Smith says limiting health care for women by depriving the organization of funding for basic contraceptive and preventive services could have "devastating" consequences — especially for women who already struggle with access to care, including people of color, rural residents and low-income people.
"[Planned Parenthood] is often the only place that offers the screening or birth control method [some populations] need and rely on," she says. "Our patients aren't making a political statement when they come here for care."
Though Abortion remains a controversial issue, Smith points out that maintaining women's access to abortion is supported by a majority of Americans. (A 2016 Pew Research Center poll found 56 percent of Americans support abortion rights in all or most circumstances.) A presidential administration that openly opposes the constitutional right to abortion would be a dangerous scenario for women in need of those services, who could be forced to travel hundreds of miles, wait weeks and lose wages as they search for clinics offering abortions.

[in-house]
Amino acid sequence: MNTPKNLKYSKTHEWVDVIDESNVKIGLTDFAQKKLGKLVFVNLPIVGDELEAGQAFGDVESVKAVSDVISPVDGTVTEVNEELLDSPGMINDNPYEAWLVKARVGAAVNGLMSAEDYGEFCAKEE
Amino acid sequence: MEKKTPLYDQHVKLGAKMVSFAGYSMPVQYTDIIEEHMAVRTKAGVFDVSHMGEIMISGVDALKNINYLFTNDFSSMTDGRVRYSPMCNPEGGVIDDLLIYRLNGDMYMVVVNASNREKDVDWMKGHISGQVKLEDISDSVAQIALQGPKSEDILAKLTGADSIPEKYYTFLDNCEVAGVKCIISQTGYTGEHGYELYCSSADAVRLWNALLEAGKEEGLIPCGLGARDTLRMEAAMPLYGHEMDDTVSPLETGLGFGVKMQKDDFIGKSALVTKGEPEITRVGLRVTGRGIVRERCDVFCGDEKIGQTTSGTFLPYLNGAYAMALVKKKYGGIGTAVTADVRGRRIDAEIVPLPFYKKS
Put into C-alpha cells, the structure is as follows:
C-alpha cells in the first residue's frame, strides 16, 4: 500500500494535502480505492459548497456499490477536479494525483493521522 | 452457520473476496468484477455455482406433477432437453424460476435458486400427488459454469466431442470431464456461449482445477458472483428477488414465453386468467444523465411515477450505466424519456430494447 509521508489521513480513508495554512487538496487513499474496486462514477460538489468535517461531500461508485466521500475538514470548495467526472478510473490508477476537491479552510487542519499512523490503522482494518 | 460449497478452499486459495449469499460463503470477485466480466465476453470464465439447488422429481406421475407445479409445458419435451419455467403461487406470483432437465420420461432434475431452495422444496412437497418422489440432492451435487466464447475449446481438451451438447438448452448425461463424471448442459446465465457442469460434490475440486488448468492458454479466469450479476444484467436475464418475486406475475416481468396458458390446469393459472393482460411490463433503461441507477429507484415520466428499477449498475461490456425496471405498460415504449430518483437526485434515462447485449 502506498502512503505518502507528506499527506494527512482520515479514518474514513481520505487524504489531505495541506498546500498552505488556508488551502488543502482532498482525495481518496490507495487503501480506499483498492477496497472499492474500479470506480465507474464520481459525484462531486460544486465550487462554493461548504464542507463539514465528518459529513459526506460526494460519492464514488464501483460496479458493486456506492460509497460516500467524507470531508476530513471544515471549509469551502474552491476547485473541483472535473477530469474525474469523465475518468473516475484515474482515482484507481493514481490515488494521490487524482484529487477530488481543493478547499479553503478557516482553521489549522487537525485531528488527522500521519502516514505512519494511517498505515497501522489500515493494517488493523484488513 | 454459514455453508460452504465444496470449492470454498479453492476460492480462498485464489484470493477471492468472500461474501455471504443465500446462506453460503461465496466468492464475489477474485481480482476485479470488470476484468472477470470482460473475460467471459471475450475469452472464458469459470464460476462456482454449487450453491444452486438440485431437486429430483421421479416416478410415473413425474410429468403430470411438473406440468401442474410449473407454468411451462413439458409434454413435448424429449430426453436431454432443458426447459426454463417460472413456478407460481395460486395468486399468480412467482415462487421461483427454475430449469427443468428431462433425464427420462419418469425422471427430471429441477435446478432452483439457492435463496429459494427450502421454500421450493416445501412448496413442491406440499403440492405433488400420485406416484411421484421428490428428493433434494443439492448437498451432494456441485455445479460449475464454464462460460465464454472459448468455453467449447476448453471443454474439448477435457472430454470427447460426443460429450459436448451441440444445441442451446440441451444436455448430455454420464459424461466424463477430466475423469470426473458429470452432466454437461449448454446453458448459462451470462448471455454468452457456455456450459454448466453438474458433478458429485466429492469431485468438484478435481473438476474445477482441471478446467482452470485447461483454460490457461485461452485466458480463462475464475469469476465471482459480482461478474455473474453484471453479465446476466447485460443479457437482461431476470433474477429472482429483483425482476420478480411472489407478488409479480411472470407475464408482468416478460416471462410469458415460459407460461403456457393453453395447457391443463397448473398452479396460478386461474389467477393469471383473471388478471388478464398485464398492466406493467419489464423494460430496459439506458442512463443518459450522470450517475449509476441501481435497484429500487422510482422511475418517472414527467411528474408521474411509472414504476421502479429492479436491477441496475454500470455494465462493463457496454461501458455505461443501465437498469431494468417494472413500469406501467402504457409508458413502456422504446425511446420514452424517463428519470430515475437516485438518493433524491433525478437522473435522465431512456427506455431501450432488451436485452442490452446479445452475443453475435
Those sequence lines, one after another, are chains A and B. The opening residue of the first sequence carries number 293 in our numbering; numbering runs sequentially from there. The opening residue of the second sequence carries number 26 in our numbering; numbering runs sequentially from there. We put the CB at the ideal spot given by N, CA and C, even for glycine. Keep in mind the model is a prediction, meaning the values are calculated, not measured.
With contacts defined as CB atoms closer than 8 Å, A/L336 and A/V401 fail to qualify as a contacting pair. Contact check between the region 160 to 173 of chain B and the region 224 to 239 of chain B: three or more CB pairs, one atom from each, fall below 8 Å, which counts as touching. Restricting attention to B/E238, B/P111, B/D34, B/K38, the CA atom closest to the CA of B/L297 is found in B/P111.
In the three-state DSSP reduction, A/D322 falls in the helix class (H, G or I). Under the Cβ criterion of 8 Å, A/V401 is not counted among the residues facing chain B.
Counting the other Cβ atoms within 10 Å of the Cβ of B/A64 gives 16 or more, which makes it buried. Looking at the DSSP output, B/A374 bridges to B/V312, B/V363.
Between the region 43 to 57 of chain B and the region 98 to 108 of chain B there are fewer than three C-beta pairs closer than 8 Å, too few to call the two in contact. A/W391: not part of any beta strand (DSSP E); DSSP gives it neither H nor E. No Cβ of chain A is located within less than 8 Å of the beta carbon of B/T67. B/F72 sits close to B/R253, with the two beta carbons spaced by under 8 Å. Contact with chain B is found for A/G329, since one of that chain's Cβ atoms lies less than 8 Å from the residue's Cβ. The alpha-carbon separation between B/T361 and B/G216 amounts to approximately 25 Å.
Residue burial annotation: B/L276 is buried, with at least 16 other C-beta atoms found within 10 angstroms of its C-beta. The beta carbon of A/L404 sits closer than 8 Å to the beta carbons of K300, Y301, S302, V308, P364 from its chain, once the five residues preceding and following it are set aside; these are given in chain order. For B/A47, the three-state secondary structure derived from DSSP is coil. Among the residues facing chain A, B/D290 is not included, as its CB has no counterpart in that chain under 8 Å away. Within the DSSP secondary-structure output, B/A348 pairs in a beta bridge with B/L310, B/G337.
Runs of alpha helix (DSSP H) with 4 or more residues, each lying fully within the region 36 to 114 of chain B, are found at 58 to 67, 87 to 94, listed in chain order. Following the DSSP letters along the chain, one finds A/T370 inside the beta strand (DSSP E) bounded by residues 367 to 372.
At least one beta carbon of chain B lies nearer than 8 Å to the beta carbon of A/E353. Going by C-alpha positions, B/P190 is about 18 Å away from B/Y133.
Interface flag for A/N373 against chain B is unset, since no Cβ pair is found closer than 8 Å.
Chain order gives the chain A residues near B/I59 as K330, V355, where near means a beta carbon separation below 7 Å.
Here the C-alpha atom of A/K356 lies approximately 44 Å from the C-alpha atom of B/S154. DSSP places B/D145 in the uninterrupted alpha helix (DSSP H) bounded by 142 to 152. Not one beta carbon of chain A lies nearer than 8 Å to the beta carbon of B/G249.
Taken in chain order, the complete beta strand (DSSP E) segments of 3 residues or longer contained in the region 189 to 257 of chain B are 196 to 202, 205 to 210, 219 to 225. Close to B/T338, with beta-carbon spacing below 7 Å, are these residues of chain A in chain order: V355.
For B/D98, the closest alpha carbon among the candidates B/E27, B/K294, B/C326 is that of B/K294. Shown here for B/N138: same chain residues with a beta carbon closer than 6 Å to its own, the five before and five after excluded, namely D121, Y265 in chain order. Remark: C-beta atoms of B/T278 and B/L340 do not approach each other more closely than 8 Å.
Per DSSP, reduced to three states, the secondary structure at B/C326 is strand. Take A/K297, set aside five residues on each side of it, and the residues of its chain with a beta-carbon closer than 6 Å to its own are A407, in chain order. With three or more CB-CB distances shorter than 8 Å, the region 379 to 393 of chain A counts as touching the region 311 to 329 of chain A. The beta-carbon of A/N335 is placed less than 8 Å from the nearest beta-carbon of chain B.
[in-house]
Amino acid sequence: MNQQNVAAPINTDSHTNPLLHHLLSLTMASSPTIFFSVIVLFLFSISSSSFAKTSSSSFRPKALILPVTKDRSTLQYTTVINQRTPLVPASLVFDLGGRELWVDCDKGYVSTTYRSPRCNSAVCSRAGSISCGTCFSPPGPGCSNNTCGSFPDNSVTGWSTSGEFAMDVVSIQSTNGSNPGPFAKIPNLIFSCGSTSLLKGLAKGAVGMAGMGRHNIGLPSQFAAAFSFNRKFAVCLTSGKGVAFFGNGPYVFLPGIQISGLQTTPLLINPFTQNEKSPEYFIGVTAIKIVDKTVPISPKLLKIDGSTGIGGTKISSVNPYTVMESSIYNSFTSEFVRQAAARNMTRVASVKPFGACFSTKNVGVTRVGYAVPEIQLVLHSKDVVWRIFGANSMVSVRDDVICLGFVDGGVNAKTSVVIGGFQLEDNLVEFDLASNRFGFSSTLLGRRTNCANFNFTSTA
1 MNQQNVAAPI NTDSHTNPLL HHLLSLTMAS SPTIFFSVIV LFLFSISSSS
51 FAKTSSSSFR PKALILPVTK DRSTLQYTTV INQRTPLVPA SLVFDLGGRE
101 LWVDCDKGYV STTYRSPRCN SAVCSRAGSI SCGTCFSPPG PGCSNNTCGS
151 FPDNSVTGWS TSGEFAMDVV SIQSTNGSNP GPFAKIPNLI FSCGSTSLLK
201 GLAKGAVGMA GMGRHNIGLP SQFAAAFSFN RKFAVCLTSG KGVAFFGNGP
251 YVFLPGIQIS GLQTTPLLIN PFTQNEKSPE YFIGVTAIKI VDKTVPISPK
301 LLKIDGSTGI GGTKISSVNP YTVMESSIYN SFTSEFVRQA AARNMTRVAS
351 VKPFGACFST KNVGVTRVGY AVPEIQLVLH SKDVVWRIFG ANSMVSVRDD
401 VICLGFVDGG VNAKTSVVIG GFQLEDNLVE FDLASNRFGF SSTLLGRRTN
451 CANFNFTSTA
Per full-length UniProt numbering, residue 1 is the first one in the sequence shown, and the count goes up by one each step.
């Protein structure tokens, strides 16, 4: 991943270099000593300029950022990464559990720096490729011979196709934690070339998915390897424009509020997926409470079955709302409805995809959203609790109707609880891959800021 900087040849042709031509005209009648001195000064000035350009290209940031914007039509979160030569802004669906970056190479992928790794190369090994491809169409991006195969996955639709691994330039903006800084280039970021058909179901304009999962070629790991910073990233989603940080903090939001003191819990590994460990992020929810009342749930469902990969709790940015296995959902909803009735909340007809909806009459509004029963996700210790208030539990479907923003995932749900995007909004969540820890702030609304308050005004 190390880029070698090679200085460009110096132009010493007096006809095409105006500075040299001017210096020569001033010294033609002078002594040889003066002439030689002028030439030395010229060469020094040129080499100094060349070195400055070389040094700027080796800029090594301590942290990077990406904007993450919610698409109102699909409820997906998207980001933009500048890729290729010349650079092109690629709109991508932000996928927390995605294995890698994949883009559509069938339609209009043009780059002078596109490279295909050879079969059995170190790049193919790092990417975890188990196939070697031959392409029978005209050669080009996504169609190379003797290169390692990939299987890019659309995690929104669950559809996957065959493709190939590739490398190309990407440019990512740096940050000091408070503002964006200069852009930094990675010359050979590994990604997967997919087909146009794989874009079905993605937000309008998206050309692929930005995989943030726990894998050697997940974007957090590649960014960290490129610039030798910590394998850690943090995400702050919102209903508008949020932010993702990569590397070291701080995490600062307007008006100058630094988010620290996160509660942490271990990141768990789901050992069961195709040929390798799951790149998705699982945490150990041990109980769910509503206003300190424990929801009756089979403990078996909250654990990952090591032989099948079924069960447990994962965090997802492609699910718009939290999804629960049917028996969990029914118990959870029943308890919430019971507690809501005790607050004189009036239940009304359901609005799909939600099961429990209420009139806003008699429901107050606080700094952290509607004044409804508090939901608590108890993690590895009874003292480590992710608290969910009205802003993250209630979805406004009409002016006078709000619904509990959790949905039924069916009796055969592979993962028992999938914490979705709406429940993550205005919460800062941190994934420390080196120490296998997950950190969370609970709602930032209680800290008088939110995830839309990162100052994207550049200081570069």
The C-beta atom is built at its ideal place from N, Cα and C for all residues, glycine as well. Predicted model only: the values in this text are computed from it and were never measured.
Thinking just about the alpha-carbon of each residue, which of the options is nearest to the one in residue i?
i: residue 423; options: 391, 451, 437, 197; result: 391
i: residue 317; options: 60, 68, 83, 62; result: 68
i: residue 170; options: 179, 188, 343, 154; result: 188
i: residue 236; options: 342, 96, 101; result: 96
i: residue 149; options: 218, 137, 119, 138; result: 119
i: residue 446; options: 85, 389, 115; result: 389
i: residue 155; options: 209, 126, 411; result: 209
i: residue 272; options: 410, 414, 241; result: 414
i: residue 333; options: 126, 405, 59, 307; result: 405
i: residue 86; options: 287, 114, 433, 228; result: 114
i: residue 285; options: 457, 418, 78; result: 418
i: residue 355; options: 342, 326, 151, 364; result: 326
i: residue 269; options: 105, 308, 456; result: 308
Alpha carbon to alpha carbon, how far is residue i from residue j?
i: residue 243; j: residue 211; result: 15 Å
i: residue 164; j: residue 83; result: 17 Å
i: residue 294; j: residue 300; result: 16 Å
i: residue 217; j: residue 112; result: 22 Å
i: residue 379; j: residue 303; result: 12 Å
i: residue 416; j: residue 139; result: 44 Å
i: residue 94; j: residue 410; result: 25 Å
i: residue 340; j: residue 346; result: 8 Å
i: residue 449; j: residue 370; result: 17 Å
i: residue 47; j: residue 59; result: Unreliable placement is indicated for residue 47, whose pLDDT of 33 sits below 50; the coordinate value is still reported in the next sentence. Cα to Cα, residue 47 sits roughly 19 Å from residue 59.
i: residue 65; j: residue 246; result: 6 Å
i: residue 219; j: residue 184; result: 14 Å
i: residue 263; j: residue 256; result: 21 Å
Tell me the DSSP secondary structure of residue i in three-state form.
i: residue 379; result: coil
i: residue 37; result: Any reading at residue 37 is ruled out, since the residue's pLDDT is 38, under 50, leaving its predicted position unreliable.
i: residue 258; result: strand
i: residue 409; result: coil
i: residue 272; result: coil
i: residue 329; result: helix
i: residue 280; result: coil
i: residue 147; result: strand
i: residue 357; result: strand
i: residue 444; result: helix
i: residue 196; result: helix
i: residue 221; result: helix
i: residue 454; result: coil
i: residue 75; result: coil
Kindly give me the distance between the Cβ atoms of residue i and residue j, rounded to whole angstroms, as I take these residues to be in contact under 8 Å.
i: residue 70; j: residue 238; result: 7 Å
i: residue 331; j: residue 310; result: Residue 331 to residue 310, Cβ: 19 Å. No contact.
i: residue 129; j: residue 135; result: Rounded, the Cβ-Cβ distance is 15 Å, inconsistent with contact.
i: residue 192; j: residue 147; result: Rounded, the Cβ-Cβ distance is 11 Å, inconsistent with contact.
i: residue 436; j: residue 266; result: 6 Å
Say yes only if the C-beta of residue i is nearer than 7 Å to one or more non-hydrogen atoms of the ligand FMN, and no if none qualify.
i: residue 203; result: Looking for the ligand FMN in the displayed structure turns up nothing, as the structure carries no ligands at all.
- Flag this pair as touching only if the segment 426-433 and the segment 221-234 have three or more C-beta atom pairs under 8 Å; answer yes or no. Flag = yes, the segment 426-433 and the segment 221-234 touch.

The New Orleans Abortion Fund (NOAF) supports abortion access by offering financial assistance for women seeking pregnancy terminations, which can be prohibitively expensive. NOAF executive director Amy Irvin describes the work of abortion rights proponents in the state as difficult — "Louisiana is kind of a petri dish of anti-choice laws," she says — and anticipates continuing challenges in a state that already has some of the country's most restrictive abortion regulations, including the recent implementation of a bill requiring a 72-hour waiting period for abortion services — a bill backed and signed by Democratic Gov. John Bel Edwards.